Dirt Music Movie Review

After months of quasi-quarantine you're probably sick of staring at the walls of your humble abode. You may be yearning to sit under the bright tropical sun instead of the glare of the nearest reading lamp, and wishing you could dig your toes into the warm sand of an exotic beach, not the shag of your living room carpet. Until your travel jones can be fulfilled for real, the new romantic drama "Dirt Music" may fit the bill. From its shimmering opening shots of a limpid orange sunset to its closing scenes on a rugged, secluded island surrounded by turquoise water, this would-be epic may temporarily tide over anyone starved for the sight of foreign lands. But if you're seeking a deep, emotionally engaging romance, it's unlikely to sweep you away.
Based on the popular Australian novel of the same name, "Dirt Music" maps the story of Georgie (Kelly Macdonald, Boardwalk Empire) a 40-something former nurse who's almost resigned to her dead-end relationship with Jim (David Wenham, "Pirates of the Caribbean: Dead Men Tell No Tales"), a fisherman on the west coast of Australia, and Luther (Garret Hedlund, "Mudbound"), a one-time musician she meets one night when he's poaching the catch from Jim's lobster traps. There's no evidence of sparks flying, but the plot obligingly throws the pair together again when Georgie has car trouble and Lu happens by, and soon after they've more or less meandered into an affair, seemingly in the spirit of, ‘Eh, might as well.'

"Dirt Music" feels distractingly freighted with mostly unseen backstory, though there are occasional narrative cul-de -sacs through which we learn something of Georgie's strained family relationships, the death of Jim's wife, and a tragic accident that impacted Lu and set him adrift. Eventually Lu sets off on something of a walkabout across the western part of the country. The film revels in this opportunity to show off miles of intriguingly diverse Australian landscape, and then doubles down when Georgie - accompanied by Jim - decides to head off in pursuit of Lu.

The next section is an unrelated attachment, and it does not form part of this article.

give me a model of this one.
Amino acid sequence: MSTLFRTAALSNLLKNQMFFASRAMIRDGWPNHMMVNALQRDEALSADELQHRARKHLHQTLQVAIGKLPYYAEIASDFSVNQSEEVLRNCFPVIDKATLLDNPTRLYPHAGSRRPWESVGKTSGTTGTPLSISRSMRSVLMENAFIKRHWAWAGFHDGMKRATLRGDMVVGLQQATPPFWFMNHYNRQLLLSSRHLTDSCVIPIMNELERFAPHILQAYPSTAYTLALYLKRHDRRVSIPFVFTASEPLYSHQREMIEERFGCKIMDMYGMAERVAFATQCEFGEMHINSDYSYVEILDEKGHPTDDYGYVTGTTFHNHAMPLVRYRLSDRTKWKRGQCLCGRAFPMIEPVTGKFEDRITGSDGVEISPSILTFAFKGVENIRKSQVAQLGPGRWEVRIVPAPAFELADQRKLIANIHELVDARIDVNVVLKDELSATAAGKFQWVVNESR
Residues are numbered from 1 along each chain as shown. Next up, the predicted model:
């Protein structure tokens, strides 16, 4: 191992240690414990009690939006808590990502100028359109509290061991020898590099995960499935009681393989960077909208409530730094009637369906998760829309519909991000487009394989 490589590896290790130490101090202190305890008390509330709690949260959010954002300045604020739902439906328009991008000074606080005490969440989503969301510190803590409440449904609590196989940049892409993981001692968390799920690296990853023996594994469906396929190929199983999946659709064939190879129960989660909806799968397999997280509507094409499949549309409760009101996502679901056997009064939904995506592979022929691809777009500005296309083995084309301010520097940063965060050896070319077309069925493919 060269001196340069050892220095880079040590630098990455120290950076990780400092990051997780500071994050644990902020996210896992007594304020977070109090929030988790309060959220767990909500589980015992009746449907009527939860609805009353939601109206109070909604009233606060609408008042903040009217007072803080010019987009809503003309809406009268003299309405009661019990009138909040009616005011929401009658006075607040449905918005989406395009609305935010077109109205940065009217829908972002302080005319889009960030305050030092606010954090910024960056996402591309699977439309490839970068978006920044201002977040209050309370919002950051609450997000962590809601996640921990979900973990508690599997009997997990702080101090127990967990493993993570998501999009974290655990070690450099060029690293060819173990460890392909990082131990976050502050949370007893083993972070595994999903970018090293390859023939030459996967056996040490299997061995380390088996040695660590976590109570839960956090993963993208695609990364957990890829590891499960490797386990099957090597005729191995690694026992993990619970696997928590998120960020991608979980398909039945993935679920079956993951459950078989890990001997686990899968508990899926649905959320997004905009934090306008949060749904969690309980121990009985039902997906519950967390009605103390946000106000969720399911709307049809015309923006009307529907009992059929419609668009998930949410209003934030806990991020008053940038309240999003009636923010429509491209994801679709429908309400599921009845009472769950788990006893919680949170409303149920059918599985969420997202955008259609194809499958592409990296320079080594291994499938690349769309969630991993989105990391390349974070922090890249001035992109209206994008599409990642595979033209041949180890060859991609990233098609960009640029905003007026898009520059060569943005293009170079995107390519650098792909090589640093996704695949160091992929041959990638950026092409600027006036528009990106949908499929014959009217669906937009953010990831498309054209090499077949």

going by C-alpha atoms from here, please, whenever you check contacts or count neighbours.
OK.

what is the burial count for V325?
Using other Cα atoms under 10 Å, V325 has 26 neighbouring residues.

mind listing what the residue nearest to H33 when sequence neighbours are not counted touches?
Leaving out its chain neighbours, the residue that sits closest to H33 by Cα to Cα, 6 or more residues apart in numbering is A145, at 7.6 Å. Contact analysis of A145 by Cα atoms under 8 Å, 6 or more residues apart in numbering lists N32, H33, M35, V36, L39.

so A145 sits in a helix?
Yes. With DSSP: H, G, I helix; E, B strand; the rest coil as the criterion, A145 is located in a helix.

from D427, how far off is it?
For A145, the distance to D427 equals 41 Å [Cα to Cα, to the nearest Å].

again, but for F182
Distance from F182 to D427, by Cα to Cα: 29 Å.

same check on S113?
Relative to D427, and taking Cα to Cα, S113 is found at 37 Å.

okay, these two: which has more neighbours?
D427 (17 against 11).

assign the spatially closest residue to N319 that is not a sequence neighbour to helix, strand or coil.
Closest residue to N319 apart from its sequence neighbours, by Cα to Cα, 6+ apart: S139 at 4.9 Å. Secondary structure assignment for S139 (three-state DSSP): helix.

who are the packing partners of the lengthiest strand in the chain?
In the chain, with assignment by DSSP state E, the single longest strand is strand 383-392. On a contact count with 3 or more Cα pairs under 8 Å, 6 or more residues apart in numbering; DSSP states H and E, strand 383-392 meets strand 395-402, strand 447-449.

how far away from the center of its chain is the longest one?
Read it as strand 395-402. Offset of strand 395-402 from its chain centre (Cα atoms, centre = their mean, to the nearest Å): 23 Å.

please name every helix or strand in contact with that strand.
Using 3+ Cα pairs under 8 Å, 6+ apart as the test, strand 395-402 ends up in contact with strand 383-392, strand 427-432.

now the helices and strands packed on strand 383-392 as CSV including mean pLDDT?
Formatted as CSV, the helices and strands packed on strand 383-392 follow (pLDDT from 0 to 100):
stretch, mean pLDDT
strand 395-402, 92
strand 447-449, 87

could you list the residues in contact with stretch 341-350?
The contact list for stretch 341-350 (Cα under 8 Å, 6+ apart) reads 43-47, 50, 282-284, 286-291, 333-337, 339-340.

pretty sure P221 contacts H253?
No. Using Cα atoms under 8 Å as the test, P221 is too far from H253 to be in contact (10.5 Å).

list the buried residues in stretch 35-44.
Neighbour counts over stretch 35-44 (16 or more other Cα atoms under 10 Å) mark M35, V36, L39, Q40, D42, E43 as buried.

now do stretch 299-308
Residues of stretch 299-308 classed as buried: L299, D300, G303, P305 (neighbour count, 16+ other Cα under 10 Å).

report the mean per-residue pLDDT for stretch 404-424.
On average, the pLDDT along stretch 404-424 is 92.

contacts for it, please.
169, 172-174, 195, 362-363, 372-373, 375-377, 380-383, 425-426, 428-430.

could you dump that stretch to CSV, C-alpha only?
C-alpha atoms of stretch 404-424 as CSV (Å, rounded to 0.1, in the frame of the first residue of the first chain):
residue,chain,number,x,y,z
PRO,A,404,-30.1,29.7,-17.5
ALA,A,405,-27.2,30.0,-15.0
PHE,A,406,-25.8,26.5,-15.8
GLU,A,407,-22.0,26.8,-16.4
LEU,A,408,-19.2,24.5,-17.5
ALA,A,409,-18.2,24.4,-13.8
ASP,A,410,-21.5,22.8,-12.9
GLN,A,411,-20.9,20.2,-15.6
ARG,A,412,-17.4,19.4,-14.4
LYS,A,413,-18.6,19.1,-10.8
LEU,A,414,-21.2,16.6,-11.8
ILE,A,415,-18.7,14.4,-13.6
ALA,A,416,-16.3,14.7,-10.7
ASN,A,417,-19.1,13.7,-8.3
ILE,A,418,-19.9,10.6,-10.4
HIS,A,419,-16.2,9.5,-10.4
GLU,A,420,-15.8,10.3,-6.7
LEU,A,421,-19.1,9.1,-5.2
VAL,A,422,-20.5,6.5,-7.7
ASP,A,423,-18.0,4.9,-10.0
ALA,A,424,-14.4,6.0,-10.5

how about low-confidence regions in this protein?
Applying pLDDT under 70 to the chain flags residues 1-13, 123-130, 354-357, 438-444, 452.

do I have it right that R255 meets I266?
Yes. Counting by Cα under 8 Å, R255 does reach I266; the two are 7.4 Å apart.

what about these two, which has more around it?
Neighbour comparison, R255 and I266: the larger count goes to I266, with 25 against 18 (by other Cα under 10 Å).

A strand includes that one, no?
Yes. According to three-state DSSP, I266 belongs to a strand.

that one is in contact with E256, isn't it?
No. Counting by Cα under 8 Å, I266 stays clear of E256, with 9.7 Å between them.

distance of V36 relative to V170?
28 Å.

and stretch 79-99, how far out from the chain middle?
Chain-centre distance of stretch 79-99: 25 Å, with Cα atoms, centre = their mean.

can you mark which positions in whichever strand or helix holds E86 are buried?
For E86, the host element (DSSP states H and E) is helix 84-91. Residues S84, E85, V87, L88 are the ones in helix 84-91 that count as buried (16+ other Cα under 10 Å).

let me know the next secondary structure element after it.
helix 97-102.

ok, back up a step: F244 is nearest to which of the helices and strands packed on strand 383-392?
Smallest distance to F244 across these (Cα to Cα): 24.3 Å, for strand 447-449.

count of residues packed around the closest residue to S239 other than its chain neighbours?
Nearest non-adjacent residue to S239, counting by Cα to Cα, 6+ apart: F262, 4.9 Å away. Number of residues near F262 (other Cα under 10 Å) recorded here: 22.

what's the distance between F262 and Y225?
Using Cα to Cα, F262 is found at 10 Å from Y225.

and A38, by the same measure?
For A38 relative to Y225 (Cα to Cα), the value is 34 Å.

Based on a quick summary of the novel and a few contemporary reviews it seems that the original story is a poetic and picturesque tale of two troubled people irresistibly drawn together and then separated as they pursue transformative parallel journeys toward self-understanding and peace. The movie, however, doesn't seem to hew particularly closely to this in either plot, tone, or spirit. Because we've been told this is a romance it's not entirely unexpected when Georgie and Lu find themselves in a hotel room together for the first time. But, it's tough to look back and reconstruct the plot and character developments that led them there, mostly because we aren't shown much of that. Like a stone skipped over water, "Dirt Music" seems to skip across the surface of its own story, so some scenes almost appear to unfold in a vacuum, without clearly precedents. Those who have read the book may welcome the chance to relive its main points in this cinematic version; others may find themselves speculatively filling in blanks on their own to catch up.

The acting here is solid if uninspired, though any shortcomings are likely the fault of the script rather than the performers. Mr. Hedlund, who was marvelous in 2017's "Mudbound," is a bit mumbly as he takes on an Australian accent, but he is appropriately stoic as the damaged leading man, and flashbacks allow him to relax into amiable warmth as Lu sings and jokes with his brother and young niece. Ms. Macdonald effectively navigates Georgie's ups and downs, even when her character motivations may be somewhat cloudy, and Mr. Wenham does his best with an essentially thankless role. Of course, the real stars here are directors of photography Sam Chiplin and Rick Rifici. Mr. Rifici is also credited as "Water Cinematographer," a title that he more than earns; in "Dirt Music," every inch of Australian beach looks like a little slice of paradise, and both sunshine and moonlight sparkle dazzlingly off the choppy, everpresent ocean waves.

"Dirt Music" is a proverbial feast for the eyes, but there's not much here to feed the spirit; unfortunate, as the novel is thought by many to be a profound reading experience. But if you're looking for a Cliff Notes version of the source material that comes with a boatload of inspiration for your post-COVID travel plans, "Dirt Music" may be just the thing.
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About Wanni Arachchige Udara Madusanka Perera

Hey, I'm Perera! I will try to give you technology reviews(mobile,gadgets,smart watch & other technology things), Automobiles, News and entertainment for built up your knowledge.
Dirt Music Movie Review Dirt Music Movie Review Reviewed by Wanni Arachchige Udara Madusanka Perera on Sunday, July 19, 2020 Rating:

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